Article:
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Individual Economic Impact Payments Under the CARES Act

Graham A. Bluhm
4/1/20

woman checking phone   On March 27, 2020, the Coronavirus Aid, Relief, and Economic Security Act (CARES Act) was signed into law by President Trump after having been unanimously approved by the Senate. The act provides approximately $2 trillion in assistance to individuals, businesses and the health care systems in an effort to relieve financial burdens caused by COVID-19. A recovery rebate for individual taxpayers provided under Title II of the act is the subject of this article.

   The CARES Act provides a refundable tax credit of up to $1,200 to individual tax payers, or up to $2,400 for taxpayers filing jointly. Taxpayers with children under the age of 17 will receive an additional $500 per child. While the rebate for taxpayers is adjusted based on income, the tax credit provided for children is a fixed amount independent of income level. The credit is exclusive to children and does not include other dependents. 

   Income for the 2019 tax year will be used to determine the amount of credit provided. If a tax return was not filed in 2019, the 2018 tax year will be considered. For individuals without a 2018 filing, Social Security benefit information for 2019 will be used. The rebate will be reduced by 5% per dollar, or by $5 per $100, that exceeds gross income amounts of $75,000 for individuals, $112,000 for heads of households, and $150,000 for joint tax filers. Taxpayers with no children earning $99,000 individually or $198,000 jointly are not eligible to receive a rebate. However, taxpayers ineligible based on their 2019 tax return, but whose 2020 income would make them eligible for a rebate, can claim the difference as a tax credit during the 2020 tax season.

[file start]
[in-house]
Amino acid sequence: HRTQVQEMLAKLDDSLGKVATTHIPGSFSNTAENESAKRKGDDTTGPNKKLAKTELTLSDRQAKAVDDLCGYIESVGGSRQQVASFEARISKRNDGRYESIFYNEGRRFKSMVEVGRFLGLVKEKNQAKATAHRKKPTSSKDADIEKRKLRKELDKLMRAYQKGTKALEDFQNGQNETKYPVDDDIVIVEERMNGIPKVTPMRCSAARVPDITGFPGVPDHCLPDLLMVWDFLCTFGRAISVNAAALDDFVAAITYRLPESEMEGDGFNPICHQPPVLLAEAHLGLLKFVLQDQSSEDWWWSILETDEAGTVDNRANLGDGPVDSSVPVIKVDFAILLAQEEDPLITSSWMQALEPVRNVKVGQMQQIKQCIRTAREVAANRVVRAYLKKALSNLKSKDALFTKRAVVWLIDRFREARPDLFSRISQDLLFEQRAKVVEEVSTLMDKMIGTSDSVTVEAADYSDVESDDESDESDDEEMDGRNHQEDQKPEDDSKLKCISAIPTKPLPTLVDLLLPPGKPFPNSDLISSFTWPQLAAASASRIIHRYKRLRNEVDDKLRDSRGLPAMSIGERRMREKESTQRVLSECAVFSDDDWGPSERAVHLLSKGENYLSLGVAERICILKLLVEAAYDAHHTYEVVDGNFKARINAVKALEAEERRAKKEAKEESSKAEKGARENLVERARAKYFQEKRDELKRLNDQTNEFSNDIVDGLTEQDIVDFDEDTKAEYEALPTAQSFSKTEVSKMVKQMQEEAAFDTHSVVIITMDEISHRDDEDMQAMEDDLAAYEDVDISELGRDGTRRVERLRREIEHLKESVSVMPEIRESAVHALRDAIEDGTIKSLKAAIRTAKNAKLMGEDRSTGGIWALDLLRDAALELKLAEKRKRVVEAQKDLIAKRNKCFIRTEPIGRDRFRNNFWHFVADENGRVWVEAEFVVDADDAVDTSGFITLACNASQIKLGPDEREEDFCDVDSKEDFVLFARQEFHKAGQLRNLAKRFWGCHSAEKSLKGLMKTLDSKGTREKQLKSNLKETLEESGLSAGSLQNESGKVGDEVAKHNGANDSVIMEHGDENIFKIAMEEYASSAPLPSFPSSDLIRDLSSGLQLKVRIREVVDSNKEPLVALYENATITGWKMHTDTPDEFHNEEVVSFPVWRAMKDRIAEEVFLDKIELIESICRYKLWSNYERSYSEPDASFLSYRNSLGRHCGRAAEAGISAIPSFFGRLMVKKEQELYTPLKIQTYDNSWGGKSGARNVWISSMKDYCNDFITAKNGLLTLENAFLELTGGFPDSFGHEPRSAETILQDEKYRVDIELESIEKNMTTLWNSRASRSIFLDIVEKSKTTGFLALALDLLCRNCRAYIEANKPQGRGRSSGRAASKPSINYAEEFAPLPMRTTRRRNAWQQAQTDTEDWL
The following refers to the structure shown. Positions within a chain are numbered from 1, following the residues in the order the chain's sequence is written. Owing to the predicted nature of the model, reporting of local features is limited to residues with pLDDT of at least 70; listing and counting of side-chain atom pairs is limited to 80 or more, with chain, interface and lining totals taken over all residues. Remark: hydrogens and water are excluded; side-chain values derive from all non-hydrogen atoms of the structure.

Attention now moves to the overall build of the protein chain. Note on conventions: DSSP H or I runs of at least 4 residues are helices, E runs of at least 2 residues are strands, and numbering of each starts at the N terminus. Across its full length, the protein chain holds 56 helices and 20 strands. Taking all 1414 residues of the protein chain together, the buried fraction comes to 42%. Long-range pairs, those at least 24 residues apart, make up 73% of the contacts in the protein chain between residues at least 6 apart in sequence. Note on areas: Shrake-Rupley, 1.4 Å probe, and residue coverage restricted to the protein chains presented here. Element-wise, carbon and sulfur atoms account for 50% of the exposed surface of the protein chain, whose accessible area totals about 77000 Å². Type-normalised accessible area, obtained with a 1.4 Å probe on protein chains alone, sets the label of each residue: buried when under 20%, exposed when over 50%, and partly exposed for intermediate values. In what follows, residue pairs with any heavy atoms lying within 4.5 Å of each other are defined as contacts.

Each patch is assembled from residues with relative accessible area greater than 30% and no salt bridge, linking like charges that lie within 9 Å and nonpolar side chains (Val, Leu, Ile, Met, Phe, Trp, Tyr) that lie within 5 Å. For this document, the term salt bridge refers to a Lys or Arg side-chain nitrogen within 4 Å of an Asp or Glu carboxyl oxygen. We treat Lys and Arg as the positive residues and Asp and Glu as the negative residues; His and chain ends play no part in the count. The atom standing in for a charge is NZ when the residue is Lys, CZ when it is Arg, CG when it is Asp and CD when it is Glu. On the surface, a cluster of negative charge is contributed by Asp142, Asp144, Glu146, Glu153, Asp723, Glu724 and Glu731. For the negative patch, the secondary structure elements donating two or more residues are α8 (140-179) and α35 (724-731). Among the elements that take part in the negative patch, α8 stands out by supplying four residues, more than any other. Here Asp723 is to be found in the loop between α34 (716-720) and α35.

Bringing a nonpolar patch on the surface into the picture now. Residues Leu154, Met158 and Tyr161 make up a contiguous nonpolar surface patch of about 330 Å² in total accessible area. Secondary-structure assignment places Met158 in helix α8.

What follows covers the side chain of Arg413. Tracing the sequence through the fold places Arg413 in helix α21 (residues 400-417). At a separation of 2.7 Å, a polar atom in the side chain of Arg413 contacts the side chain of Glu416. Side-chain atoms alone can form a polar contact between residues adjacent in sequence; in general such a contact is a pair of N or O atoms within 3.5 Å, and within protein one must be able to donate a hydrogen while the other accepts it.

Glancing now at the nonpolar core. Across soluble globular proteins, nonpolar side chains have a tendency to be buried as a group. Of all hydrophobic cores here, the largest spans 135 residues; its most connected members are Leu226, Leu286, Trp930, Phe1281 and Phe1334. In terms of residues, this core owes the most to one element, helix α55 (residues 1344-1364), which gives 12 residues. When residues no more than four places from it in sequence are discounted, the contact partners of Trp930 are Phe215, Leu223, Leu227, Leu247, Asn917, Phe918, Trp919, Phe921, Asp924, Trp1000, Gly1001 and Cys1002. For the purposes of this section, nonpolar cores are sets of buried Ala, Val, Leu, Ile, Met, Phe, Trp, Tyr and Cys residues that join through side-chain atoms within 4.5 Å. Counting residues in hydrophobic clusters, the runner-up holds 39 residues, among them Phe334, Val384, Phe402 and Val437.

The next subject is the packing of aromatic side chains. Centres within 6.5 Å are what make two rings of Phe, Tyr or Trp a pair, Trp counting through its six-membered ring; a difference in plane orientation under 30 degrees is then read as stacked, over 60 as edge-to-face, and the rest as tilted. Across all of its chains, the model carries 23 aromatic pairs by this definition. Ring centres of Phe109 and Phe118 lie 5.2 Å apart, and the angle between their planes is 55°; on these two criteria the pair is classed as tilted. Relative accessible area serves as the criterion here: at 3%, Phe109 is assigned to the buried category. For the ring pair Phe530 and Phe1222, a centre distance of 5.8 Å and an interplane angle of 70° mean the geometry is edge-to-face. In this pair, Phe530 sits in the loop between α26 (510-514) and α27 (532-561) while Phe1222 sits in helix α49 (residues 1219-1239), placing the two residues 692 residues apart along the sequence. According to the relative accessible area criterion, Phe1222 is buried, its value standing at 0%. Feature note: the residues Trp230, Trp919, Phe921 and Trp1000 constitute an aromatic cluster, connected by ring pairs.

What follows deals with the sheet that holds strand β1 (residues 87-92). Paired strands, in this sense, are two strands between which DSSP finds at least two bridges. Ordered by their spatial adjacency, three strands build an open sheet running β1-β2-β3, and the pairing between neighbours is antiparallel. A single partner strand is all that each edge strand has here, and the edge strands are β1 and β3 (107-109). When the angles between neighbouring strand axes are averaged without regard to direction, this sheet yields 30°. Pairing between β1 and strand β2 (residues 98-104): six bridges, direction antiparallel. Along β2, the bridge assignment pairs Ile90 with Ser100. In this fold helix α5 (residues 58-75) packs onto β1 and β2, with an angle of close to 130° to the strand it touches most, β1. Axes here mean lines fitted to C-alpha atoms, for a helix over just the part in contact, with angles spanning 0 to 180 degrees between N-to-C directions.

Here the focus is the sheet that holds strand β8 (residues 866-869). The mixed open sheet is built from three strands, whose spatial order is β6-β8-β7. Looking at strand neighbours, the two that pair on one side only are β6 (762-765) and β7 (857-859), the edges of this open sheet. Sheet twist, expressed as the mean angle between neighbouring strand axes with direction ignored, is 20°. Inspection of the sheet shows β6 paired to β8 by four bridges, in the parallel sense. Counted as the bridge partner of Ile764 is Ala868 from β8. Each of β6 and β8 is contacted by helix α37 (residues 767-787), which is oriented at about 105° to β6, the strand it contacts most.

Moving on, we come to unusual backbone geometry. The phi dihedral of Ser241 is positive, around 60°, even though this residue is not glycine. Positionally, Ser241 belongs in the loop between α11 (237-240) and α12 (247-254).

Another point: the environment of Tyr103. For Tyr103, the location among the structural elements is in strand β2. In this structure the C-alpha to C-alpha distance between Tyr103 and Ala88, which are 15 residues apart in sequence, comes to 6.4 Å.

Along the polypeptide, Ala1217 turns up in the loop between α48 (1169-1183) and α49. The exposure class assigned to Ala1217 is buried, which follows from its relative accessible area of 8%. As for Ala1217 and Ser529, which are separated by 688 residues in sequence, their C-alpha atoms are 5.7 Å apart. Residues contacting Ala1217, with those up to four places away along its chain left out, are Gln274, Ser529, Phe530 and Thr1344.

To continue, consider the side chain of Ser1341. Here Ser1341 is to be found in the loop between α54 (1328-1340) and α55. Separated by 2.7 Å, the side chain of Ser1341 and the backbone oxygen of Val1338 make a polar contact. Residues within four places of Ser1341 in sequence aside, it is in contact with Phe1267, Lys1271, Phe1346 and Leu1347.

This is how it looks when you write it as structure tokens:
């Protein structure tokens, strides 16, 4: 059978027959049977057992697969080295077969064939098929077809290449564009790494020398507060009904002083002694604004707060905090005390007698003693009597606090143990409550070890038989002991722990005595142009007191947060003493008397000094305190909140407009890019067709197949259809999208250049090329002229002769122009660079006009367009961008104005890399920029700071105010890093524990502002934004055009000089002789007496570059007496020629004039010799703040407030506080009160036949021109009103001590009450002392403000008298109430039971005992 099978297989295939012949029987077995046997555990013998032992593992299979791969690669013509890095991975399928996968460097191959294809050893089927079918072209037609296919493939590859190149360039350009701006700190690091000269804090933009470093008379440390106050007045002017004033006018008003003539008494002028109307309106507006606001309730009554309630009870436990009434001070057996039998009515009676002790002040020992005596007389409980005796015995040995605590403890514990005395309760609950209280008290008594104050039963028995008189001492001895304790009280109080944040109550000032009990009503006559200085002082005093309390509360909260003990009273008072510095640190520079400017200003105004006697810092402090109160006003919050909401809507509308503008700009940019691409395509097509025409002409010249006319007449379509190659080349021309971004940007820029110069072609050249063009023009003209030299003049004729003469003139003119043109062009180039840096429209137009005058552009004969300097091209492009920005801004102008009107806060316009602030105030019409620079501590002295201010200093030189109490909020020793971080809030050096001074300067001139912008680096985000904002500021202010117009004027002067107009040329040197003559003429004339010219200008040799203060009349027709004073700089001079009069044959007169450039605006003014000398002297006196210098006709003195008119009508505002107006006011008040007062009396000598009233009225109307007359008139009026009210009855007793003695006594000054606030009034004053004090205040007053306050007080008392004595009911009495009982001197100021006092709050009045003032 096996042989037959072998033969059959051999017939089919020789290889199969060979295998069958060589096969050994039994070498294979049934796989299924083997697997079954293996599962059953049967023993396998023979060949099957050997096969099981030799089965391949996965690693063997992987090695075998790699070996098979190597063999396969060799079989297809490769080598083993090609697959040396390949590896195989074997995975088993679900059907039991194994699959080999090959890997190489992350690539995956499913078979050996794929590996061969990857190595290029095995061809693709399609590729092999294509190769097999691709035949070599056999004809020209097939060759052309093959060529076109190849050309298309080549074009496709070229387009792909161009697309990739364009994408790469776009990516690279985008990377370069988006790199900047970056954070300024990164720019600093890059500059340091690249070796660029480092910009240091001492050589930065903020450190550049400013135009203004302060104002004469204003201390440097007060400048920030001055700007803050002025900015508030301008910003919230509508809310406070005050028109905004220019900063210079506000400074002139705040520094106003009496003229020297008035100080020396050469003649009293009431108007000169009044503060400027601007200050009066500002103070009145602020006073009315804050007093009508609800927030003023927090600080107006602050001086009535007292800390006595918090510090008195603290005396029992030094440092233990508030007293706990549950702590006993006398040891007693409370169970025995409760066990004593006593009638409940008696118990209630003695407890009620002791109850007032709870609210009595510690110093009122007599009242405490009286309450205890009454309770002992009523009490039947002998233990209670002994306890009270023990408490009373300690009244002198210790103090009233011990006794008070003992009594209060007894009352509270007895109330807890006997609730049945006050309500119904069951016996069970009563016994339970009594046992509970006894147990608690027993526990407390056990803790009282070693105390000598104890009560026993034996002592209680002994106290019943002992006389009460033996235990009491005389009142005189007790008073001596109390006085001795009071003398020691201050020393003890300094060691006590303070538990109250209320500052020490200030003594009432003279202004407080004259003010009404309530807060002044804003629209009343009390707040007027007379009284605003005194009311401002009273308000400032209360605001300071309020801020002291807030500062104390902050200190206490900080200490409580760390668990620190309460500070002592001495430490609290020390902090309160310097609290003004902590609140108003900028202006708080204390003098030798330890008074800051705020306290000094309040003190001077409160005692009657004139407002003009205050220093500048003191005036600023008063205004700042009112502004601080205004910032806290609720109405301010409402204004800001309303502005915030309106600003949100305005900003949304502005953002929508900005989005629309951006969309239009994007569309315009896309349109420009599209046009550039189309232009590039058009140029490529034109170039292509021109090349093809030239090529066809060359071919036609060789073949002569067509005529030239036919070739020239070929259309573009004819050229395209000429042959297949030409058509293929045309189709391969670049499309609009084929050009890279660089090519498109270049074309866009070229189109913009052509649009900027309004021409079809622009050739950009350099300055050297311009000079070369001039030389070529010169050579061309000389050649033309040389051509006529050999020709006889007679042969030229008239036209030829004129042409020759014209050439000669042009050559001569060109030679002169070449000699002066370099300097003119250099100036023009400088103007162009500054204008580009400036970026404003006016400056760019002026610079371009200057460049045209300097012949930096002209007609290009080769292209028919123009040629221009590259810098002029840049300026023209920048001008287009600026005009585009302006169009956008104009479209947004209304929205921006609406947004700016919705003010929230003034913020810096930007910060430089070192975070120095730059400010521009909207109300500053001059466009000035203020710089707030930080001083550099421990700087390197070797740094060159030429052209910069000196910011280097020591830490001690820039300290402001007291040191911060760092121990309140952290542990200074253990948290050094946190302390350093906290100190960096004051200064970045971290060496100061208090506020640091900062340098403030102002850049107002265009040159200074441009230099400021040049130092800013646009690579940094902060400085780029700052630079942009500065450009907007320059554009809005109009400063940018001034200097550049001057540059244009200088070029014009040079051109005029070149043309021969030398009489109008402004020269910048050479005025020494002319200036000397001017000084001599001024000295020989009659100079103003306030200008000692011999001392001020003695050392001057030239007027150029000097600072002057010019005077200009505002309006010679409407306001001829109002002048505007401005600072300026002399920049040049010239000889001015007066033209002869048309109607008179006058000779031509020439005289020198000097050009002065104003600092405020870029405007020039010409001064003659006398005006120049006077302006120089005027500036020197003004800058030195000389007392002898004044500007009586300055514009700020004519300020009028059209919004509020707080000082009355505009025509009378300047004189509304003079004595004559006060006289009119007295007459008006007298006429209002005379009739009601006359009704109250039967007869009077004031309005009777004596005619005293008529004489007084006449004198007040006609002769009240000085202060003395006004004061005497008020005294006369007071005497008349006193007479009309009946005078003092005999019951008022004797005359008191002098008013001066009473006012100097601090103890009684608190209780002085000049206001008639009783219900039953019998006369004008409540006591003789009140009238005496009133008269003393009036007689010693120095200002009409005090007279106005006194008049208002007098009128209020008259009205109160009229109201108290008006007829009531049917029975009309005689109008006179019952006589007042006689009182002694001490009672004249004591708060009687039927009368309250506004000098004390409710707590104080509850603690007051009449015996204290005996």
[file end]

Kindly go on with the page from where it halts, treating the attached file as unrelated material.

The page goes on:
Most people do not need to do anything to receive their rebates. The IRS will calculate the amount and send the payment directly to taxpayers. For taxpayers that use direct deposit for their tax returns, the rebate will be automatically deposited to the bank account listed on their return. Otherwise, the payment will be sent as a check in the mail. A web-based portal is also under development that would allow individuals to provide their bank account information to the IRS. 

   Individuals that typically do not file a tax return, such as low-income taxpayers, senior citizens, Social Security recipients, or some veterans and individuals with disabilities,  still may receive a rebate by filing a 2019 tax return. Those that have yet to complete their 2018 or 2019 tax filing obligations also may receive a rebate after filing their return. However, the rebate is only available through December 31, 2020. 

   Individuals can expect to receive their rebate within the next three weeks. The IRS will continue to provide updated information concerning the CARES Act recovery rebates, referred to as “economic impact payments,” at irs.gov/coronavirus

   Should you have any questions regarding these rebates, please contact one of our business attorneys

   Anna L. Crisp, a law clerk with Eastman & Smith who is finishing her third year at The Ohio State University Moritz College of Law, contributed to this article.

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Disclaimers:

At the date of publication the above information was correct.  It is quite possible the information above has changed as COVID-19 is a rapidly evolving situation. 

The article in this publication has been prepared by Eastman & Smith Ltd. for informational purposes only and should not be considered legal advice. This information is not intended to create, and receipt of it does not constitute, an attorney/client relationship.